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Re: [std-proposals] this return type

From: Arthur O'Dwyer <arthur.j.odwyer_at_[hidden]>
Date: Fri, 7 Apr 2023 17:37:40 -0400
On Fri, Apr 7, 2023 at 3:37 PM Jan Schultke via Std-Proposals <
std-proposals_at_[hidden]> wrote:

> No, I don't have a working implementation, but here is an example that
> demonstrates the benefits:
> https://www.godbolt.org/z/Ejn9KK57x
> When the polymorphic class is already de-virtualized, then returning
> Base& breaks the de-virtualization in the second and third call. With
> a "this" return type, we would have the guarantee that the dynamic
> type stays the same, so we can keep making direct calls.
> The only exception to this is when a virtual function ends and begins
> the lifetime of "this" before returning, though I'm not sure if this
> is really allowed by the standard, and could also be declared UB for
> this return types, if need be.

IIUC, your example intends that the `this` keyword would be used both in
`Base` and also in `B`, is that right?
I think Lénárd might have been thinking that the `this` keyword would be
used only in `B` but not in `Base`.

There are a lot of semantic question-marks to be filled in here:
(1) In this program, what is decltype(Derived().f()) — is it automatically
the covariant type `Derived&`, or is it the same `Base&` as in the parent
    struct Base { virtual this f(); };
    struct Derived { this f() override; } // What is the return type of
this method?
(2) Is it allowed for a derived class to use `this` where its parent class
doesn't? Again, what is decltype(Derived().f()) in this case?
    struct Base { virtual Base& f(); };
    struct Derived { this f() override; } // OK, or error?
(3) Is it allowed for a derived class to *omit* `this` where its parent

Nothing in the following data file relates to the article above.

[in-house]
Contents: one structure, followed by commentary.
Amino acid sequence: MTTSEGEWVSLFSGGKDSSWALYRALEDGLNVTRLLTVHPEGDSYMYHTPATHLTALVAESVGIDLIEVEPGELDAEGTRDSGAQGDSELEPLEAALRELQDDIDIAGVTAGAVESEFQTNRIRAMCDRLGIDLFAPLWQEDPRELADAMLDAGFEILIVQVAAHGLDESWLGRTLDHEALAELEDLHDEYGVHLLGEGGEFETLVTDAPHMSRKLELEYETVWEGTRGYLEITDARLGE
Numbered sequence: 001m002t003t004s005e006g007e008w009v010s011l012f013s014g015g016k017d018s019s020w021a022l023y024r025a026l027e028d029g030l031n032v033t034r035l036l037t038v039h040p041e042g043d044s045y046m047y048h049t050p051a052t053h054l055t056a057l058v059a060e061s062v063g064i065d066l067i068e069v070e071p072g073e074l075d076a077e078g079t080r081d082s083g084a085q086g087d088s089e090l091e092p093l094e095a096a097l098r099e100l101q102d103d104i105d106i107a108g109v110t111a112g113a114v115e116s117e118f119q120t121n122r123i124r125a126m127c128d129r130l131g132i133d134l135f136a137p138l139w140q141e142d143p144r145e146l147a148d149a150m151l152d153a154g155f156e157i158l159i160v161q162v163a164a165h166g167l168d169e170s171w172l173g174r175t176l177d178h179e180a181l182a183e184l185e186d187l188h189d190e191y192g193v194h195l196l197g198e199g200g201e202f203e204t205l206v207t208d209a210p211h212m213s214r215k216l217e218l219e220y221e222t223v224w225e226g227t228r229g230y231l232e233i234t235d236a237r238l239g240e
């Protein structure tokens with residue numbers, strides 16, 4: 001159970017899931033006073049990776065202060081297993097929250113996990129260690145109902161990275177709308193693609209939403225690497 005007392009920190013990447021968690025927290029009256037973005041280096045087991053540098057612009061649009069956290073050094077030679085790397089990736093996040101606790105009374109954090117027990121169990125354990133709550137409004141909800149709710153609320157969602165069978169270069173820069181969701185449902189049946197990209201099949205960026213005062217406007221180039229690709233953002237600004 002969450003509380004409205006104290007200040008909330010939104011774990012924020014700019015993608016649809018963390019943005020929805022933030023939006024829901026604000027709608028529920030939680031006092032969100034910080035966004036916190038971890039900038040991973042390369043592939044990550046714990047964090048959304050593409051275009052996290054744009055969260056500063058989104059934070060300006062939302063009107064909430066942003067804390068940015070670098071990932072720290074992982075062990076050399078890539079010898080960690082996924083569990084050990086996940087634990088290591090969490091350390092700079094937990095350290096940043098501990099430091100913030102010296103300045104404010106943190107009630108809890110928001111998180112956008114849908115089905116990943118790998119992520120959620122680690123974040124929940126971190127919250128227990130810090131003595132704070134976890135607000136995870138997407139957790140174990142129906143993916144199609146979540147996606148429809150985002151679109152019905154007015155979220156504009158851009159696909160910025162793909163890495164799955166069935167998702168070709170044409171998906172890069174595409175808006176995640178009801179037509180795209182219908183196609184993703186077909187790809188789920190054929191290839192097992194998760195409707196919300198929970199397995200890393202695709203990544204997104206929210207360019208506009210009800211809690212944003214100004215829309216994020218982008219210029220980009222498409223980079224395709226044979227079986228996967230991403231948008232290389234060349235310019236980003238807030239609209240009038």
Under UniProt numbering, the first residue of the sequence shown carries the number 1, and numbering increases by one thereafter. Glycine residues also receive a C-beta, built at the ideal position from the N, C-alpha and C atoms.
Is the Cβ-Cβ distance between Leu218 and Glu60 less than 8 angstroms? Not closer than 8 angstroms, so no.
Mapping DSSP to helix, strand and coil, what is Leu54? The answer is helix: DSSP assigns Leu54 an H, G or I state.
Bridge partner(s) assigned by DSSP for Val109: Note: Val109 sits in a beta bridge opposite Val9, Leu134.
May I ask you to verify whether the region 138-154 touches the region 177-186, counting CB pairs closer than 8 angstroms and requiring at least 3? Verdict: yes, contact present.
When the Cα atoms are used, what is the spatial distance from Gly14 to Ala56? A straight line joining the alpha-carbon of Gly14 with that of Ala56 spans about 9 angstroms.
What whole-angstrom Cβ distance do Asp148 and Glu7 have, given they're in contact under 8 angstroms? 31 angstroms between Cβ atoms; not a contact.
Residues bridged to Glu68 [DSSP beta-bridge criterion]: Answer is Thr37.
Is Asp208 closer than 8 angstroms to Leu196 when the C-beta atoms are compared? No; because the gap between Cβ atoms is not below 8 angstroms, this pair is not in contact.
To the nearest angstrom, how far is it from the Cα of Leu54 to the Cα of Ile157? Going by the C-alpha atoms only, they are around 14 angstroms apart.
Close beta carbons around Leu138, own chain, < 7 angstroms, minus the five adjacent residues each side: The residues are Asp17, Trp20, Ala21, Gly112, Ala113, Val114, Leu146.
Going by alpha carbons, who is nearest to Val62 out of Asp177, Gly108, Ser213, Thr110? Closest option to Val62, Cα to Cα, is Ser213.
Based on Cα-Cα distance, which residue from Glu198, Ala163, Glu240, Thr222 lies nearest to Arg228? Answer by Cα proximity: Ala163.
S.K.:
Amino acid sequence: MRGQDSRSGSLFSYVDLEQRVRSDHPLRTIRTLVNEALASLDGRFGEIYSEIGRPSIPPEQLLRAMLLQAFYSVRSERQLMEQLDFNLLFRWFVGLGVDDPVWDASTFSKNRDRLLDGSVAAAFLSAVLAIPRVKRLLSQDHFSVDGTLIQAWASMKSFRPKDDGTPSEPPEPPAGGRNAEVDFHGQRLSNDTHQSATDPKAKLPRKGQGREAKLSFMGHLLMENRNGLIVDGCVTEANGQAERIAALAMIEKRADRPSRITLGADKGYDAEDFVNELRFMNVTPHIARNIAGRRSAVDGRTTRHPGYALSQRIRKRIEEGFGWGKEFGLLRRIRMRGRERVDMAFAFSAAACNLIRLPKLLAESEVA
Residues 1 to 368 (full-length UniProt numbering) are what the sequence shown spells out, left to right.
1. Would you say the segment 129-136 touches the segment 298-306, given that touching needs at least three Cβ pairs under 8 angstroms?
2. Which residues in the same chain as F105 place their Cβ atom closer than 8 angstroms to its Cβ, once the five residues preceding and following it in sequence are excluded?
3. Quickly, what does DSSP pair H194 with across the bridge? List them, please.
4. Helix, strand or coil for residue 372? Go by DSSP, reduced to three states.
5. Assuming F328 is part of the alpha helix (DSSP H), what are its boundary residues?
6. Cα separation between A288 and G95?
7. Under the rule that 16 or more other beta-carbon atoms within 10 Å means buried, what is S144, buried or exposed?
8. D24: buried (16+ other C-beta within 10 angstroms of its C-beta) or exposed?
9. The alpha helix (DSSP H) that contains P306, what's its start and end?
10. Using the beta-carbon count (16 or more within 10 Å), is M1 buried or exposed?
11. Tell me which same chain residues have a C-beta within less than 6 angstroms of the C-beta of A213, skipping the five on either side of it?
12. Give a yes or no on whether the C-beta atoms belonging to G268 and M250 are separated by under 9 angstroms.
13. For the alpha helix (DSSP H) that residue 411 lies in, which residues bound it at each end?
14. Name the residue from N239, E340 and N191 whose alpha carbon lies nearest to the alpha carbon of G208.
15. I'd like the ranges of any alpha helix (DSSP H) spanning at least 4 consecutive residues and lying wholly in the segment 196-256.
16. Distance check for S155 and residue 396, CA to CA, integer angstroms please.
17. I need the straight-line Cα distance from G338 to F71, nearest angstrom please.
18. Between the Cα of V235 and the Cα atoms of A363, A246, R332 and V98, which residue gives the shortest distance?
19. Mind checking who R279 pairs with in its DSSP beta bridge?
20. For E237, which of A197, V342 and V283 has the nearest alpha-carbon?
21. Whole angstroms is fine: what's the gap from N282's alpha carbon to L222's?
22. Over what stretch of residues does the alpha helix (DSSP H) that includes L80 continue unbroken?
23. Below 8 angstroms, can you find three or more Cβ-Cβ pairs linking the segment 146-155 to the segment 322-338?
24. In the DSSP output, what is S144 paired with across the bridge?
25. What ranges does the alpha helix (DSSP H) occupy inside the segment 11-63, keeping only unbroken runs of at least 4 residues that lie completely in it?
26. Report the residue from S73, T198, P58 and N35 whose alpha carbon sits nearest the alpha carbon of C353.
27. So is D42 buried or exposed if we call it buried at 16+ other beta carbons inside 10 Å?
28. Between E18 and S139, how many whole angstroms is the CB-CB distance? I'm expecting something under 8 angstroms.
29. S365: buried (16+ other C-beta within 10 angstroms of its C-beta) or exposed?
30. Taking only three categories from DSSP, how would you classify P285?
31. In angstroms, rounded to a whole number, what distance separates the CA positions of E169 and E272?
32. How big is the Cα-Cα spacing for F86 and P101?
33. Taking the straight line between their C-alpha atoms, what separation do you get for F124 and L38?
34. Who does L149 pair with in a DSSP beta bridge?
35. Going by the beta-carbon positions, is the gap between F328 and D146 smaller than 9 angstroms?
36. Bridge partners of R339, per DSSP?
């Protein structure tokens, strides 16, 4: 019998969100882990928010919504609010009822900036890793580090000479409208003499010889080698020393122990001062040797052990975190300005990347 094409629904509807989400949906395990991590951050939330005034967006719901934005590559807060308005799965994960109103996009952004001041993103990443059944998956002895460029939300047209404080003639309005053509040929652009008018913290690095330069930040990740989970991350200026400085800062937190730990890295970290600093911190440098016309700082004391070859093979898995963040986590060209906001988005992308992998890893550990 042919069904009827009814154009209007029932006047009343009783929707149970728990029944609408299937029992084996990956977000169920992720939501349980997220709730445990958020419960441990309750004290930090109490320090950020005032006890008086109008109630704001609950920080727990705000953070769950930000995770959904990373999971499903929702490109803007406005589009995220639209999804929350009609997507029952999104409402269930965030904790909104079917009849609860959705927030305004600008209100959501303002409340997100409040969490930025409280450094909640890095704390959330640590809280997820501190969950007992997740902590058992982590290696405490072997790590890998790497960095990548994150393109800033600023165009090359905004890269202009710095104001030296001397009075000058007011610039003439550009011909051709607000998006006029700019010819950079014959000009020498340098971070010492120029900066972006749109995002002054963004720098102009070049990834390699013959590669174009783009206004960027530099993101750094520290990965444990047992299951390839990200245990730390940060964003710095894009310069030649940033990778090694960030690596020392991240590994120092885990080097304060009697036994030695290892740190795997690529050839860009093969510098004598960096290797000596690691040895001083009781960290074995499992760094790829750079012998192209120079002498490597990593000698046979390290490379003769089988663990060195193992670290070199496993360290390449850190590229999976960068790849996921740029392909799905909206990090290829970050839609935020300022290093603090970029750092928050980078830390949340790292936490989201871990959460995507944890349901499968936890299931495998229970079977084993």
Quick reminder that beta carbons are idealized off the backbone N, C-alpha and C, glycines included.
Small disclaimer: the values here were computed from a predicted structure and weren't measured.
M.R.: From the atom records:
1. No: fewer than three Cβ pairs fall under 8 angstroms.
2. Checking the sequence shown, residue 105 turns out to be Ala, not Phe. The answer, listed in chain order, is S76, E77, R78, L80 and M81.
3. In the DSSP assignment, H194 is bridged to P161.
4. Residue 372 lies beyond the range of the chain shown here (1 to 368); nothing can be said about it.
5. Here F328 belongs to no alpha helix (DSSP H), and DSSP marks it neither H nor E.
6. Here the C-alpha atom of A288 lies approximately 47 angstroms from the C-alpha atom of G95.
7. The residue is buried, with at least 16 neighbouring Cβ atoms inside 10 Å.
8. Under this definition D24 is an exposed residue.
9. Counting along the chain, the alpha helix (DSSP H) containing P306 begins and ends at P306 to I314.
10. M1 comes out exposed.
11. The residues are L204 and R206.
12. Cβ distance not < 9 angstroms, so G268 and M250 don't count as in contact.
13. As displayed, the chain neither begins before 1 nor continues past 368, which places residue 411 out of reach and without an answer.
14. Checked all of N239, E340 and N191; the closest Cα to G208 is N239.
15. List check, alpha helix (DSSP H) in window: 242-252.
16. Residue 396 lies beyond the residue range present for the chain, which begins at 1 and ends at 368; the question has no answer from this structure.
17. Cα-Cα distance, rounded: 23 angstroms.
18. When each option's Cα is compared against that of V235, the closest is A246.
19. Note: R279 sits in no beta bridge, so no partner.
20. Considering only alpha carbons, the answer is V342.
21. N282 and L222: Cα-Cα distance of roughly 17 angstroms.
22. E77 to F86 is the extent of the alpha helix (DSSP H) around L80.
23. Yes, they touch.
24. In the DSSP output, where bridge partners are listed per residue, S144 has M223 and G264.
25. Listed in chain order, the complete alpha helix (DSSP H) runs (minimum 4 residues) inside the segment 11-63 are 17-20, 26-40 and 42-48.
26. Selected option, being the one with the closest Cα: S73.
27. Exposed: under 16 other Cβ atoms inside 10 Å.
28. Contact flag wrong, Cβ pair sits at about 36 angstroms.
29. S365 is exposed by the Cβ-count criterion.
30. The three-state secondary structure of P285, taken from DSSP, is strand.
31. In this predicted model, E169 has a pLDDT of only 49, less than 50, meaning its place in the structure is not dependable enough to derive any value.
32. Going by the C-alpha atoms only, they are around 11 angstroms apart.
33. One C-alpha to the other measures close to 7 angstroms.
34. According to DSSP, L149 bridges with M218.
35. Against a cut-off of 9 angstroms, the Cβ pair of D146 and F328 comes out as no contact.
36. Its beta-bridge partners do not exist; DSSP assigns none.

class has it? I assume not. But one could imagine its working like
`virtual`, and being implied if the parent class has it.
    struct Base { virtual this f(); };
    struct Derived { Derived& f() override; } // OK, or error?
(4) Is it simply UB for such a function to return anything but `*this`?
Does the compiler enforce this at all?
    struct S { this f(bool b) { static S s; if (b) return s; } }; //
UB-if-taken, or IFNDR, or hard error, or what?

Plus a syntactic question-mark or two:
(5) Is this in trailing position allowed?
    struct S { auto f() -> this; };
(6) Is this part of the function's type? Presumably not.
    using MFP1 = Base& (Base::*)(); // OK
    using MFP2 = this (Base::*)(); // Pretty sure this *must* be a syntax
error; the real-estate is already taken

Finally, if you do pursue an implementation of this (I'm not saying you
should look to standardize it — the syntactic space is already *insanely*
crowded, and C++23 makes it worse), it would naturally lend itself to an
extension of P2266 implicit move. See:
(7) The idea is:
    struct X { X& operator=(const X&); };
    struct Y { this operator=(const Y&); };
    X f() { X x; return x = X(); }
    Y g() { Y y; return y = Y(); }
In the former case we must treat `x = X()` as an lvalue expression and
copy-construct from `x` into the return slot.
In the latter case, we *know* that `y = Y()` refers to the same object as
`y`, and so we can (a) treat it as an lvalue, and (b) optionally subject it
to NRVO/copy-elision.
A proposal should engage with this issue somehow — either propose to do the
efficient thing now that it's implementable, or else explain why you're
*not* proposing the efficient thing.

(8) I like(*) the proposed streamlining of
    A& operator=(A a) { swap(*this, a); return *this; }
    A& operator++() { ++member_; return *this; }
    this operator=(A a) { swap(*this, a); }
    this operator++() { ++member_; }
but I do vaguely worry that it might lead to a spate of people writing
something like
    this operator++(int) { member_++; }
which of course isn't going to work. Probably not a big deal, though,
because the "edit distance" between the dumb thing I just wrote and the
actually correct `operator++(int)` is pretty far — I don't currently see
any really *plausible* way for someone to get all the way to hitting
"Compile" without realizing that what they wrote is silly.

(* — However, if I wanted to streamline the implementation of copy-and-swap
`operator=`, I wouldn't pick that point to stop. That's a sour spot: we've
made the syntax obscure but we still have to write too many tokens
to actually get the job done. Meanwhile the syntax for a defaulted
*memberwise* `operator=` is already optimal: `=default`.)

my $.02,

Received on 2023-04-07 21:37:54